Friday October 11, 2013. 03:30 pm. GUGG 205
Research on the neighborhood-level spatial distributions of gay men and lesbians is limited, and there are several common presumptions regarding the local residential patterning of same-sex couples. This paper uses Census tract data from the 2000 U.S. Census and the 2005-2009 American Community Survey to examine the locations of same-sex partnerships in 38 large U.S. cities, and to assess the validity of these presumptions. Results indicate that although both gay male and lesbian couples exhibit high levels of residential segregation, the spatial distributions of the two groups within cities are quite distinct. There is little evidence to support the frequent assertion that same-sex couples concentrate in more racially and ethnically diverse neighborhoods, and evidence to support the popular notion that large concentrations of gays and lesbians leads to more rapid development of central city neighborhoods is mixed. Census tracts that start the decade with more gay male couples experience significantly greater growth in household incomes and, for Northeastern and Western cities, greater population growth over the next decade than those tracts with fewer gay male couples. Census tracts with more lesbian couples at the start of the decade see no difference in population or income growth.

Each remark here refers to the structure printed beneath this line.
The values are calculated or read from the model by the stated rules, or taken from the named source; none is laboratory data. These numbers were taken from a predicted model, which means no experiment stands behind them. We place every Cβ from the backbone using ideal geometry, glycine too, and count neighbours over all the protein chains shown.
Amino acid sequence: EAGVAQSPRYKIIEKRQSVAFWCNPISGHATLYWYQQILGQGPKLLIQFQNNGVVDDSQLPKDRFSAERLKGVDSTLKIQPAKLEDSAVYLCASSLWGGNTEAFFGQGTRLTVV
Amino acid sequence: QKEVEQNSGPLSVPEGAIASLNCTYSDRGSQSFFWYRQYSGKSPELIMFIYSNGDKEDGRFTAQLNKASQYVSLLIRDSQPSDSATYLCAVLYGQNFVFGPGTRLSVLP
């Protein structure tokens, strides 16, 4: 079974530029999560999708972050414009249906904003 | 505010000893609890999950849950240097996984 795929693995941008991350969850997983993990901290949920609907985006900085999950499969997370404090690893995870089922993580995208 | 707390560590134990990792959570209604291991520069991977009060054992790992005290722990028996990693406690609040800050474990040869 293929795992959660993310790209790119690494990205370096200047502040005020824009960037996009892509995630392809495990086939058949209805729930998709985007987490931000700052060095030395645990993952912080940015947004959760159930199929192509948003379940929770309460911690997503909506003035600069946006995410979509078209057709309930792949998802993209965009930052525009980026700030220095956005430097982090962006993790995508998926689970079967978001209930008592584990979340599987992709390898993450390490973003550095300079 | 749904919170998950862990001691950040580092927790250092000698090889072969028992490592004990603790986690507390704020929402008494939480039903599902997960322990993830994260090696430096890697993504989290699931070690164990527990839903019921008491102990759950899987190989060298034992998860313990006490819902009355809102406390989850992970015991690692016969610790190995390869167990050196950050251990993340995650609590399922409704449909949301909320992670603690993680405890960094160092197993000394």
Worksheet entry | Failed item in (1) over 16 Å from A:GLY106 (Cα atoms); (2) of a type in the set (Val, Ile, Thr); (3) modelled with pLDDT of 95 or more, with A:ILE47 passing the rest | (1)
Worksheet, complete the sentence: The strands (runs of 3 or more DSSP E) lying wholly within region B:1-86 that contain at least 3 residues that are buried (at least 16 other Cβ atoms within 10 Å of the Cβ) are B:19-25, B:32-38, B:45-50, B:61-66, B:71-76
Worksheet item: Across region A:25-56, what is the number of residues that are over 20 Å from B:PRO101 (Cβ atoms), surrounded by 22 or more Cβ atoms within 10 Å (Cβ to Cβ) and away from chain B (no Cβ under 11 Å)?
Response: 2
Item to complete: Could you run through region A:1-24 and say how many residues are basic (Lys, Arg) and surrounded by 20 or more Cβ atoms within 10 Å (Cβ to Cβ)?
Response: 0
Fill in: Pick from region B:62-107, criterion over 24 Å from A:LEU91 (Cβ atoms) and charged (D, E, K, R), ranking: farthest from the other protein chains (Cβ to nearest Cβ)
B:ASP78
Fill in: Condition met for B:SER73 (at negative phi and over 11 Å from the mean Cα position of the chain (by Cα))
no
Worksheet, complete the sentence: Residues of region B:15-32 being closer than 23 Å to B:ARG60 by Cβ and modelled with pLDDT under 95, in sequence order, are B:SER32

Geography colloquium series was made possible by the generous support from The Beirne Carter Foundation.